It has been attributed to everyone from Plato to Ian Maclaren* to Robin Williams. The quote we have seen on bumper stickers, shabby chic barn boards, and coffee mugs…
Be kind for everyone you meet is fighting a hard battle.
… or words to that effect.
I fear though, that the words are often read with a knowing nod and tilt of the head, received with appreciation for their simplicity and meaning – but soon forgotten when the server gets our order wrong, or no one called about the cancelled appointment. When the dingbat driving the much fancier car considers his destination far more important than mine or when the neighbor fails to pick up after his pooch.
The distracted receptionist, the committee chair that doesn’t answer a text, the postal worker who gave my Real Simple magazine to that guy down the street – AGAIN! (And I got his Muscle Machines?)
The irritations and inconveniences that make life so ding-dang daily – grinding us down by sheer frequency.
These little pebbles in our shoes that also provide unlimited opportunities to show grace to our fellow humans, no matter who they are, what they do, or how much they have to offer.
Grace – a display of unmerited kindness.
Few of us have significant enough latitude in our jobs or relationships to mess up, especially without apology or restitution. But the world is moving so fast, so much is expected for so little in payment, and so many demand perfection without allowance for circumstances, whether seen or secret. It’s exhausting and it seems impossible to keep up.
Especially during this festive time of year, silent battles are being fought behind pasted smiles and generosity. The recent loss of a loved one, the painful break of a relationship, job, housing, or food insecurities, illness, chronic pain, even a child enduring middle school – all crushing in their own way, all reasons to fall apart when the world expects celebrations and fireworks.
Even the undertow of depression and anxiety that plague some hearts and souls often saps the life from a joyously-advertised season of love and life.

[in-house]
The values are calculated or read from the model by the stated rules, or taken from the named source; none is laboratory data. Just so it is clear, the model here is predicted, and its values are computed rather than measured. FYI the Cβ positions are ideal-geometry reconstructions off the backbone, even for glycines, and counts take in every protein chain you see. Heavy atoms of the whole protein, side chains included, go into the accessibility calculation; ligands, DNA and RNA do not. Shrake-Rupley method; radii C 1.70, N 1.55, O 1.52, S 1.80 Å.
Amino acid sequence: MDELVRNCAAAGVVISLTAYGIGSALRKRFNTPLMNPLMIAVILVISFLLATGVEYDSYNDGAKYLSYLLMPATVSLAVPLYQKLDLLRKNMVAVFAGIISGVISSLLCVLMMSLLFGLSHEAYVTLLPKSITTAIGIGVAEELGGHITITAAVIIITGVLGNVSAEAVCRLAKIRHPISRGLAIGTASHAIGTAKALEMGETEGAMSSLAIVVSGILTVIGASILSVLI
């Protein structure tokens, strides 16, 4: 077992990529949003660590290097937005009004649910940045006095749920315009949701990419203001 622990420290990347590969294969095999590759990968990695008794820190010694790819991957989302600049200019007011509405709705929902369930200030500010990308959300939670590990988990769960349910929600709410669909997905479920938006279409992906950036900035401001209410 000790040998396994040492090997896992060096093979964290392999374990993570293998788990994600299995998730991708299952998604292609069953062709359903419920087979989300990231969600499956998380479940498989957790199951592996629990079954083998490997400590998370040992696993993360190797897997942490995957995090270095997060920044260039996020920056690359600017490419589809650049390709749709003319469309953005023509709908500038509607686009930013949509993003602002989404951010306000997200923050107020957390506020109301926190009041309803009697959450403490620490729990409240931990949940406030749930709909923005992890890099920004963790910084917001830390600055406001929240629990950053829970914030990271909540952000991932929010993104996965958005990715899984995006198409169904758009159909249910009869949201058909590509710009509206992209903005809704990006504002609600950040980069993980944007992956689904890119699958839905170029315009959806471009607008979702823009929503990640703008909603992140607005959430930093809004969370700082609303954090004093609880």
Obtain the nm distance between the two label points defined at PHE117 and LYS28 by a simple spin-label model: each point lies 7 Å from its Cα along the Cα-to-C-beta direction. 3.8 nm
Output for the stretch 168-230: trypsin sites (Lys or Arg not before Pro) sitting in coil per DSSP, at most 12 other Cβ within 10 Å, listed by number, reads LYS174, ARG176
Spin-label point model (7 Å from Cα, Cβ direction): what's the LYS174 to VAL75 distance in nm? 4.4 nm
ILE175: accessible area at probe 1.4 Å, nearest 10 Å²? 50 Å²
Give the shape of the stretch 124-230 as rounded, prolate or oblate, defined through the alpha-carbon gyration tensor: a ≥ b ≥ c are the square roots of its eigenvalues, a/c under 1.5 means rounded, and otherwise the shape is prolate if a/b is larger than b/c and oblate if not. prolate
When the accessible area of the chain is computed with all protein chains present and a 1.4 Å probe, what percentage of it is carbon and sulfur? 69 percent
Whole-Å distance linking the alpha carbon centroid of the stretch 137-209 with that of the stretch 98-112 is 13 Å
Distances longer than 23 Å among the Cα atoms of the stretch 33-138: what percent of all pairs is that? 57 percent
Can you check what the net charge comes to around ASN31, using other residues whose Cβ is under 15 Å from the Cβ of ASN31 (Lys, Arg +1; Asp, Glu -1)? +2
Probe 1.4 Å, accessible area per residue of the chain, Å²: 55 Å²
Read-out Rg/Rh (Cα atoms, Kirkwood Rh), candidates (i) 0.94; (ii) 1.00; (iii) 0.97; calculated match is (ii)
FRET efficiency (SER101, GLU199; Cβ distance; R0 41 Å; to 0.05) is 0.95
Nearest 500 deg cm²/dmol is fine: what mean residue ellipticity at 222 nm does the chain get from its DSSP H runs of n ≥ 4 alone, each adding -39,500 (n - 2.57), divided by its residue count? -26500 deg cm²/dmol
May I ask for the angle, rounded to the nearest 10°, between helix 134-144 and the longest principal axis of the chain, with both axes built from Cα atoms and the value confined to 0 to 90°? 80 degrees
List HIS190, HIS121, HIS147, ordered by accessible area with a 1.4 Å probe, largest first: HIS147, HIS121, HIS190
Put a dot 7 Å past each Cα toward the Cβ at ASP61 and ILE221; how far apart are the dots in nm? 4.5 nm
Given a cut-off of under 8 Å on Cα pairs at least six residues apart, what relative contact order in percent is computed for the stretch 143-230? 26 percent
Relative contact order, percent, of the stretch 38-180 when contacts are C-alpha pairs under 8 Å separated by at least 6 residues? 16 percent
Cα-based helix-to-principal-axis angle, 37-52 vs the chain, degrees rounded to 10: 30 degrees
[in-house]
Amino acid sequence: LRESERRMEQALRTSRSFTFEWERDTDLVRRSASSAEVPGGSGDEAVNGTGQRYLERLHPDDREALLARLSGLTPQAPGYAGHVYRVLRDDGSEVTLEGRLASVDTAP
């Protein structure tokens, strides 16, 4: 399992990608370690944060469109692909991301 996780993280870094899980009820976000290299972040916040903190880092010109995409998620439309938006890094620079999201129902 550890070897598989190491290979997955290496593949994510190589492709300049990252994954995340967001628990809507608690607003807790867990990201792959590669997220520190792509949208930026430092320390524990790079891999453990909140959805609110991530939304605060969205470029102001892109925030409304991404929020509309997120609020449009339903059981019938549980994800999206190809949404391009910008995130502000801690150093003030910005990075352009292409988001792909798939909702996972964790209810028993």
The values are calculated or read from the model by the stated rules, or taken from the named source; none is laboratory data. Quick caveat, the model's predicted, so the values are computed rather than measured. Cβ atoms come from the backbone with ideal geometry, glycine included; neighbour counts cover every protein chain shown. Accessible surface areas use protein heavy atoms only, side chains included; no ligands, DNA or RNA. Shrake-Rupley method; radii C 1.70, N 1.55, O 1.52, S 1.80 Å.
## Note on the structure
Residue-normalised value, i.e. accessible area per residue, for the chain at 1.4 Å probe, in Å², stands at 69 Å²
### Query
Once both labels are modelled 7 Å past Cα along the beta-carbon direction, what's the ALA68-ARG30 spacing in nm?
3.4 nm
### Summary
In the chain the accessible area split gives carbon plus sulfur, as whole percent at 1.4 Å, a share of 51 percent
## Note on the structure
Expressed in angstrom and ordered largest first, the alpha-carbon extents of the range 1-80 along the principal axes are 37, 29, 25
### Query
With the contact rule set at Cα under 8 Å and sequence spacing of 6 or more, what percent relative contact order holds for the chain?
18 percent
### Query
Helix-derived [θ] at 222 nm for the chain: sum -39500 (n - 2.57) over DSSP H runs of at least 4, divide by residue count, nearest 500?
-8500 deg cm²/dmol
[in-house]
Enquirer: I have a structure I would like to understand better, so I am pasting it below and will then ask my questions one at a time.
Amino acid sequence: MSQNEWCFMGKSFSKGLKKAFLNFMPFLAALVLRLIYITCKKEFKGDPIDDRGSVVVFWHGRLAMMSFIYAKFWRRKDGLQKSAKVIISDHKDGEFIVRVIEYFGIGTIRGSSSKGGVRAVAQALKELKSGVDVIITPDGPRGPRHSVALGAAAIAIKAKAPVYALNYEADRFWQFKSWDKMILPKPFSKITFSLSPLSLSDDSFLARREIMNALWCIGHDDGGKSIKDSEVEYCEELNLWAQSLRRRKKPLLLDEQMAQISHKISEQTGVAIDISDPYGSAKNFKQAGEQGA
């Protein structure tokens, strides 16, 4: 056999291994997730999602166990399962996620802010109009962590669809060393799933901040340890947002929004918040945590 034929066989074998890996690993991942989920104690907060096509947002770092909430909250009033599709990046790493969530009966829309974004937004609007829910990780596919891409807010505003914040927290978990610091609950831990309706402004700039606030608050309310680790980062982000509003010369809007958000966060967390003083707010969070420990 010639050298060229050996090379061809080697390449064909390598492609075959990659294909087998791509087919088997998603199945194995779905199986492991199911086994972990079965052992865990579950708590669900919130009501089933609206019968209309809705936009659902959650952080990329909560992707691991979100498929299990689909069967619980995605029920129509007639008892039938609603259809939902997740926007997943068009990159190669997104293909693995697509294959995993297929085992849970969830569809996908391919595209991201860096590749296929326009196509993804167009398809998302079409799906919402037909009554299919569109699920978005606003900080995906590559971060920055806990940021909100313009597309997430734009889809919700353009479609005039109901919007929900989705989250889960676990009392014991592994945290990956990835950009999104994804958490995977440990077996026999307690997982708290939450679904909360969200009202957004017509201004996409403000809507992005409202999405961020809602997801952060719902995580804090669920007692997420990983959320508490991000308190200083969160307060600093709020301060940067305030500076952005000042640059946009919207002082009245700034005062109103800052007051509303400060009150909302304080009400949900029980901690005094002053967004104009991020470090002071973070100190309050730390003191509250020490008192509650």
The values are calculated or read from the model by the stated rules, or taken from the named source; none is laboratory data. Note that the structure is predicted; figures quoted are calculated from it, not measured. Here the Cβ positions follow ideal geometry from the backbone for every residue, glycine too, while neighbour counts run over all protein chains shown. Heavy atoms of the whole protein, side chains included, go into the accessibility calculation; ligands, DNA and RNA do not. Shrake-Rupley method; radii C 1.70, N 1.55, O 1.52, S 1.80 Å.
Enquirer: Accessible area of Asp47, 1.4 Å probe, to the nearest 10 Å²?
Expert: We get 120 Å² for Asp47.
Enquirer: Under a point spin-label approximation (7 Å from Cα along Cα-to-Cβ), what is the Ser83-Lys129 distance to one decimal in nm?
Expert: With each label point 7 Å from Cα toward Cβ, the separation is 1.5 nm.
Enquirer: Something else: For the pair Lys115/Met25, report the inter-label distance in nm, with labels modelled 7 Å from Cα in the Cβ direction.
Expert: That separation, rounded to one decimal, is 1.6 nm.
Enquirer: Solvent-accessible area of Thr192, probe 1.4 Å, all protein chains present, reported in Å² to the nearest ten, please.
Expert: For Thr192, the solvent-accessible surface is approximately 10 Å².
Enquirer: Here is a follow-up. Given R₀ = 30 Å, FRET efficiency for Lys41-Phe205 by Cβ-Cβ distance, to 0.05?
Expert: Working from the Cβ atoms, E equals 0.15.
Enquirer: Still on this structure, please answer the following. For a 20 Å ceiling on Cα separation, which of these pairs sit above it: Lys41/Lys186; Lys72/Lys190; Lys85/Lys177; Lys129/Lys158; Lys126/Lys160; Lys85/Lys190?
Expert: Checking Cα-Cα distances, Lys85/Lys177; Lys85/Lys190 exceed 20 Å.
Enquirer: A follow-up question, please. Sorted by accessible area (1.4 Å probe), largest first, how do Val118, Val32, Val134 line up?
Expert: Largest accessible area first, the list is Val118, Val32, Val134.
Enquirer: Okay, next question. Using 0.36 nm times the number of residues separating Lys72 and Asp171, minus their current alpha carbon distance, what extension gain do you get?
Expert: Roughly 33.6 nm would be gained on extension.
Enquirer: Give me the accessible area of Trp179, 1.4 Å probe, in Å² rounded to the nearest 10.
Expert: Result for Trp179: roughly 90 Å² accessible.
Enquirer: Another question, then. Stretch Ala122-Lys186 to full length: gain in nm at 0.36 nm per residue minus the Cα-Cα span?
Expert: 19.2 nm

My lovelies, these days, grace must prevail. Even when we get diet instead of regular or have to reschedule the appointment. Even when I’m cut off in traffic or my lawn is cruelly defiled. Even when the opposite of what should happen did happen… grace must prevail.
In abundance, no limits.
American theologian and writer, Frederick Buechner, said of grace, “There’s no way to earn it or deserve it or bring about any more than you can deserve the taste of raspberries and cream or earn good looks.”
It’s clearly not about what I’m going to get or earn – just about what I can give.
The cost, you know, is quite low – practically free. Perhaps the sacrifice of pride or a little extra patience.
The value of grace, however, cannot be measured. Think of it … in an instant, we can single-handedly rescue someone’s minute, hour, or day.
Truly, it’s getting more and more difficult to maintain civility in the world, let alone warmth or compromise. We can bring about change, though, by piling on grace, even when consequences are deserved.
We can all pass out more bowls of raspberries and cream.
How about it? Can we let the graciousness begin?
We can talk about this in the new year. For now, I pray the blessing of grace over you – both given and received, and…
Photo by Kristiana Pinne on Unsplash
*Ian Maclaren is the pen name of John Watson who is reported to have first written these words in the 1897 Christmas edition of The British Weekly.